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Getting better white

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Howard Duckston
Howard Duckston's picture
Getting better white

Okay - I'll be the brave one and ask the first question. I want to get better whites on dark shirts without laying down a thick layer of ink. I don't want to slow printing down by spot curing and reprinting on every shirt. Who's got a one-stroke solution?

Dec Ap Admin
Dec Ap Admin's picture
Try this...

Howard. Hi, I'm the admin, so it would be wrong for me to recommend a brand of ink. However, I've printed for more than 30 years and technique goes a long way toward getting a better white. I prefer a 110 mesh screen for whites, but I'll concede that you get a pretty thick layer with a 110. Second choice would be a 126 mesh, and if thin coat is imperative, I've seen good results with 156 mesh.

The most important trick is VERY high tension and good off-contact. You want to deposit a layer of ink that just touches the shirt with enough force for the ink to cling to it. If you see ink on your platen or if you can see the design from the inside of a finished shirt, you're driving the ink into the fabric and losing opacity. Watch how you modify your inks too. Good printers seldom use ink straight from the can. You want to use a minimum amount of a balanced reducer (if needed) that will give you an ink that flows through your screen without driving it in. Finally - watch your dryer temp. The hotter you get your ink past it's cure temp, the more it will be subject to dye migration. It takes experimentation to find the perfect consistency, tension and temperature - but once you find it - the miracle of great whites becomes yours.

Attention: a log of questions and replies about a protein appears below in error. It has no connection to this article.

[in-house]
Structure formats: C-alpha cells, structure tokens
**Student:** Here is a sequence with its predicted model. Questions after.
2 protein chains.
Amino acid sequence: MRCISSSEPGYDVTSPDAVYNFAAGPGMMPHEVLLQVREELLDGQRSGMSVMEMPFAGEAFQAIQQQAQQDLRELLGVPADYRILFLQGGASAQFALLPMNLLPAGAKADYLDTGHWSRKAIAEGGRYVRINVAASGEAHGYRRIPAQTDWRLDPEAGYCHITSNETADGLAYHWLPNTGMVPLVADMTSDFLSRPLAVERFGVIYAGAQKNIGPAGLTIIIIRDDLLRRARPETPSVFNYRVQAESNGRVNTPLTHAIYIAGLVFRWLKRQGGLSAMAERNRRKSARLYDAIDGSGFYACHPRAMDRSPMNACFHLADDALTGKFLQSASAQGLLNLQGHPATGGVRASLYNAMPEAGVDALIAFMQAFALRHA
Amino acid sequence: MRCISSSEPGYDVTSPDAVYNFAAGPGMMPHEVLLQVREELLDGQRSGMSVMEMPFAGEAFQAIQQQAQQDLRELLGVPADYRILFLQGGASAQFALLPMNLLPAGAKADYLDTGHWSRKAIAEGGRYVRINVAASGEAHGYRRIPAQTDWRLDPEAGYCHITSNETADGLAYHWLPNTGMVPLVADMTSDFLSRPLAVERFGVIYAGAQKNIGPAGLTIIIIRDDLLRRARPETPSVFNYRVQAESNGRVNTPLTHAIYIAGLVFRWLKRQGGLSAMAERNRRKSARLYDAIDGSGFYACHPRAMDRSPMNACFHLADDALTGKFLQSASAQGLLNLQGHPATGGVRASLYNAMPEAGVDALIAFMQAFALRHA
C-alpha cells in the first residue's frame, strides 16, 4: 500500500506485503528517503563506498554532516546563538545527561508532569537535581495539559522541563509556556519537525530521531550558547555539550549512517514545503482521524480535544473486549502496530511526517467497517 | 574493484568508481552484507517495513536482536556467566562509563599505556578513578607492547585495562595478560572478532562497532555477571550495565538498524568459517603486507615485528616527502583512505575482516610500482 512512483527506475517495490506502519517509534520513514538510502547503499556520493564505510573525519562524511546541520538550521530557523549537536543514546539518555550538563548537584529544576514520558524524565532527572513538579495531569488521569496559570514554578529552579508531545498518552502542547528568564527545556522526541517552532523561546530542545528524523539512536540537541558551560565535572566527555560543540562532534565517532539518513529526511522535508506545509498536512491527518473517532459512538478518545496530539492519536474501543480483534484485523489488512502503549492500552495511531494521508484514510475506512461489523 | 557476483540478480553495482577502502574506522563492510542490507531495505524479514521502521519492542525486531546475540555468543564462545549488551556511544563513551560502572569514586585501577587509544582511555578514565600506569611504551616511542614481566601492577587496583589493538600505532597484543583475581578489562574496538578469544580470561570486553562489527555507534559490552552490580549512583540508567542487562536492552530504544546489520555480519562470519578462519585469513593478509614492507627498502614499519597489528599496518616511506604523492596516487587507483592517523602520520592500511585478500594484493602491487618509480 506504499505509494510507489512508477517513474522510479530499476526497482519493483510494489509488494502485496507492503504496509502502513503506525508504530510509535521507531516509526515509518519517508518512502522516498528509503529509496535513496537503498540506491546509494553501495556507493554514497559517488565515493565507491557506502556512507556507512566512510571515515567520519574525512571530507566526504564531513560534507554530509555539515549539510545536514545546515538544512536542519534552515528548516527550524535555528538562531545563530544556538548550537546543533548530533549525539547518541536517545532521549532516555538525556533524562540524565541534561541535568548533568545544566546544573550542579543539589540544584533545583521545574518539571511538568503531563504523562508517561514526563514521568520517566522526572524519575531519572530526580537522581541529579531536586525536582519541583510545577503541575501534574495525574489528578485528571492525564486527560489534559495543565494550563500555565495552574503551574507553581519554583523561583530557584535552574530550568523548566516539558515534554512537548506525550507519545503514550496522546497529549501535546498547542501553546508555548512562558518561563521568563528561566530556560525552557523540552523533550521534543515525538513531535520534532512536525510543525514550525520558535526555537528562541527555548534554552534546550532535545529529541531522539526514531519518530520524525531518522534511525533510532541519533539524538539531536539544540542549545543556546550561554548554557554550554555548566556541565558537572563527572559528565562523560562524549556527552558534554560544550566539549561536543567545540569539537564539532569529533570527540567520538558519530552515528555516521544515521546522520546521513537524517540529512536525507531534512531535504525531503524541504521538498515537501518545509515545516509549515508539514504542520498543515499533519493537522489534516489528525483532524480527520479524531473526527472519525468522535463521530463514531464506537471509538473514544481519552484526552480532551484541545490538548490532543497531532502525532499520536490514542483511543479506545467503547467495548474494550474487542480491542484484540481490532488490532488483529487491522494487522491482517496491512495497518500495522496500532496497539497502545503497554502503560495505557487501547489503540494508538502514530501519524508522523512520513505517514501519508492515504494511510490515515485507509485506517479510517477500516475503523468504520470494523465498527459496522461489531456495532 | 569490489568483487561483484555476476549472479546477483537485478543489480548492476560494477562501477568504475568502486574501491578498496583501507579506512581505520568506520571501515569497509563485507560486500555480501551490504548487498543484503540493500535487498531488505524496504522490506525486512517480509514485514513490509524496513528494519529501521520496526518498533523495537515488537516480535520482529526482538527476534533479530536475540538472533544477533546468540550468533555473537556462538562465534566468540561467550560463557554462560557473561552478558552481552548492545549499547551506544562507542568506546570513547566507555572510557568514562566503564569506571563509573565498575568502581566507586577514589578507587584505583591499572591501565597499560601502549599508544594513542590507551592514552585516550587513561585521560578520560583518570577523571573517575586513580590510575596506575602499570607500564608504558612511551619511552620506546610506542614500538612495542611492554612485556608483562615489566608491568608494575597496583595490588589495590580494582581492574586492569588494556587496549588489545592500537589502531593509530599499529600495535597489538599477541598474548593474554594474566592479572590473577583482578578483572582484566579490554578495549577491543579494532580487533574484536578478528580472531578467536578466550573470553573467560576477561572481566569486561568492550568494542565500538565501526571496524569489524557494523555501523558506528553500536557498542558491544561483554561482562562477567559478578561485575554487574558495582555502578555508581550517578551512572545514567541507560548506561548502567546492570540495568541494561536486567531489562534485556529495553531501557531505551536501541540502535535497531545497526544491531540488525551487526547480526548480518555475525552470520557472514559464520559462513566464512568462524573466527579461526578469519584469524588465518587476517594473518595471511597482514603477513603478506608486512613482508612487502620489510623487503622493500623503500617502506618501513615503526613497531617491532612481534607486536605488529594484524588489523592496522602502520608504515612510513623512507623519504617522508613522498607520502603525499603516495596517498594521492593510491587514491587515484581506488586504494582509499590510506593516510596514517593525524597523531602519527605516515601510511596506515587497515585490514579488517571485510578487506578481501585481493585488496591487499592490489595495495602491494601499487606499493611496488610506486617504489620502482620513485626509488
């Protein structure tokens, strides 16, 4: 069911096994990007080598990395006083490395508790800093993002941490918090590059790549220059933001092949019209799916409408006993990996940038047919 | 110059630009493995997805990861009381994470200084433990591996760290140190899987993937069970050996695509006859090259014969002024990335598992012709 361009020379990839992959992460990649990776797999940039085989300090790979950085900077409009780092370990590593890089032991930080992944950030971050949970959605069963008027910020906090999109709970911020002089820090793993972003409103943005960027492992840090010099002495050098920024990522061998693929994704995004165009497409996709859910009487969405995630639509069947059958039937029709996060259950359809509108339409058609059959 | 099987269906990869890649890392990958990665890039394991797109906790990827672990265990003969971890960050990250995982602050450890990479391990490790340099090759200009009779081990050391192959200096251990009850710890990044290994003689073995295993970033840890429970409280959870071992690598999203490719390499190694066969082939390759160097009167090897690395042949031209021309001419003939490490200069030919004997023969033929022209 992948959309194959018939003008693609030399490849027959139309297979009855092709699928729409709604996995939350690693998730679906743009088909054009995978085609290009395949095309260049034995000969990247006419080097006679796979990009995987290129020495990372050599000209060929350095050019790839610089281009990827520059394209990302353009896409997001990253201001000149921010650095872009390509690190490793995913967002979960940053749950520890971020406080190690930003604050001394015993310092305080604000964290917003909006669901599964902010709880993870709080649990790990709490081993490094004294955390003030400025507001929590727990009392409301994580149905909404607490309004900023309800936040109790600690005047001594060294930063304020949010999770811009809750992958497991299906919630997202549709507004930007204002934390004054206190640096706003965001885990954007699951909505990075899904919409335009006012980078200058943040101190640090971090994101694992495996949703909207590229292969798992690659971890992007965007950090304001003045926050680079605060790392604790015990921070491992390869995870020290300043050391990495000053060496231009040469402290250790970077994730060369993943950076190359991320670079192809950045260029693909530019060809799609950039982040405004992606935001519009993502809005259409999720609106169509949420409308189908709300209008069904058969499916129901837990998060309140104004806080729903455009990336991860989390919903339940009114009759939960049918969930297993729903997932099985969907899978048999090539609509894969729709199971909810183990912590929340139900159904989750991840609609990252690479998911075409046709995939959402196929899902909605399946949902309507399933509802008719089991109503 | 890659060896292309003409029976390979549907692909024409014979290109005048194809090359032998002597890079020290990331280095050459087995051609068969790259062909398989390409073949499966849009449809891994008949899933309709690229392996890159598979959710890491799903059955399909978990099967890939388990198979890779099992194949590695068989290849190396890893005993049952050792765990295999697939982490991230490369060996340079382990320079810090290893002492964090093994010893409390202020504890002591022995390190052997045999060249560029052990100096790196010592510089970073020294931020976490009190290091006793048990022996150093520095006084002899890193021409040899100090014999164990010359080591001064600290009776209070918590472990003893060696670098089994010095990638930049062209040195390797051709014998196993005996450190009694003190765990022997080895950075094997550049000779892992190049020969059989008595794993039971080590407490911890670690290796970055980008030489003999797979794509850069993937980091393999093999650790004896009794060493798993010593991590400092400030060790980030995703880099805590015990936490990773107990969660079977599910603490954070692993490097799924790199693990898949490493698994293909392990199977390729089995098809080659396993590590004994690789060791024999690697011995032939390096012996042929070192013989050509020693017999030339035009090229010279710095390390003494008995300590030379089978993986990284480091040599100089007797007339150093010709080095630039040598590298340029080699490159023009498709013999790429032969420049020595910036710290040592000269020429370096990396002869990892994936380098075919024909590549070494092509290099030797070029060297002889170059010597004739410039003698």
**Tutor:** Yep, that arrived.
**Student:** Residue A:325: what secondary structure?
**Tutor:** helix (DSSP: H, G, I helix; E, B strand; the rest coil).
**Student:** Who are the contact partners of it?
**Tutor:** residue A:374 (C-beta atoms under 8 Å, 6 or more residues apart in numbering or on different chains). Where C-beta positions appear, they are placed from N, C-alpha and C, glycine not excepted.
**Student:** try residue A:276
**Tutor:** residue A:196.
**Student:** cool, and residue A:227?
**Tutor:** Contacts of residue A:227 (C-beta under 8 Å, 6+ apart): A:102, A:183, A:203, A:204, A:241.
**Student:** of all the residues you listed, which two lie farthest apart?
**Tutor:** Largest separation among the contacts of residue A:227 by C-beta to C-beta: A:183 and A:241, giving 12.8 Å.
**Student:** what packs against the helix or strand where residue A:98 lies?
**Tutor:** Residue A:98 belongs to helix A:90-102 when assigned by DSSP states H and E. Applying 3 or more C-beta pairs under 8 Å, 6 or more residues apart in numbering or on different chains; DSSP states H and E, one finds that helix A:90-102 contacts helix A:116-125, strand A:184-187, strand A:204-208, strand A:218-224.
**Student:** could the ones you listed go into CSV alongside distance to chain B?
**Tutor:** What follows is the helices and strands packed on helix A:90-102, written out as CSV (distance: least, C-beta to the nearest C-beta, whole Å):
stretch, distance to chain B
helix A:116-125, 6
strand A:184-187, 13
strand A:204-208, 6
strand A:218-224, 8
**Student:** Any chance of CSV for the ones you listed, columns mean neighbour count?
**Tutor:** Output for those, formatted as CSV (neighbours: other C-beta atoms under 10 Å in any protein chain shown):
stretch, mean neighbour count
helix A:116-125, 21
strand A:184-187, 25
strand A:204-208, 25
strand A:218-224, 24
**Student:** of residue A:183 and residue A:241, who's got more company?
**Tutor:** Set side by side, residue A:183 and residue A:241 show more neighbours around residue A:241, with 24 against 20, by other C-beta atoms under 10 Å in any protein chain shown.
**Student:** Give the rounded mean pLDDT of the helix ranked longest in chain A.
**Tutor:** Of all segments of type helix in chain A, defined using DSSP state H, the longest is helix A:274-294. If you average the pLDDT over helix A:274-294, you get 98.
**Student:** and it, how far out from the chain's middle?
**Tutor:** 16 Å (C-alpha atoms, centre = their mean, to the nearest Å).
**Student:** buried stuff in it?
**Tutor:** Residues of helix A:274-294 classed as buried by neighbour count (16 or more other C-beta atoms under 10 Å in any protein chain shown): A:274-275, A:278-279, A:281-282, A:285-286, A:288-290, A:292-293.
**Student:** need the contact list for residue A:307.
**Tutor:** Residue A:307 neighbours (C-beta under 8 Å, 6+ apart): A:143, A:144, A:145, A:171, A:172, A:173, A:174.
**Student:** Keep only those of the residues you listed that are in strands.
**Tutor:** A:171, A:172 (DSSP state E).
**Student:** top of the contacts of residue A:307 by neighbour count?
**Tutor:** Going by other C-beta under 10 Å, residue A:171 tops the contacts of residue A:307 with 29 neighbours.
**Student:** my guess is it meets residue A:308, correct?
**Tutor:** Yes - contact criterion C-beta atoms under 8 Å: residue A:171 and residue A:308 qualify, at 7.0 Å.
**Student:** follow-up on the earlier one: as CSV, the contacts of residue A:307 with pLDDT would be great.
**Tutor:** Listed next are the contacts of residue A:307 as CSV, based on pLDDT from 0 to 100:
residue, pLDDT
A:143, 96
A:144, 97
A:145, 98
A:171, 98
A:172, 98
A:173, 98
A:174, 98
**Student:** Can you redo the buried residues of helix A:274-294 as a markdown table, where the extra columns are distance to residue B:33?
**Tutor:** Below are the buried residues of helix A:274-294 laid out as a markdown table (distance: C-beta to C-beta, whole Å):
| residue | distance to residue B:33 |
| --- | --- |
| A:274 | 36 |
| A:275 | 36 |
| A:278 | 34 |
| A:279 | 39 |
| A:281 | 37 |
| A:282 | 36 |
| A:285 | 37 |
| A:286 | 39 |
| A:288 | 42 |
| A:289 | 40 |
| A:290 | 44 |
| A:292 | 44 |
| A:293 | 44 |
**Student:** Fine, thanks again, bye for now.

We now have over 300 members looking at the site - I bet somebody else could add something...

Inky30's picture

Although I have not been printing for 30 years I have worked for large companies in a Research and Development role and what I have researched is that most printing issues can be fixed in pre press. What type of mesh, tension, EOM, how art is being exposed, the best white ink, squeegees, print speed, flood speed, type of textile... it all plays a perfect dance to creating a good white. However, in a production setting to achieve a "one-hit white" it take a great effort to control all the variables before ink ever hits the screen. Standardize your processes and better whites are just around the corner.

Scott M Ritter
Scott M Ritter's picture

Inky30 - Beautifully put. Inks will always improve and somebody will have another solution tomorrow. But a solid, repeatable formula where you can understand - and then control - the variables in a way that you can address them one at a time is how a perfect solution is built.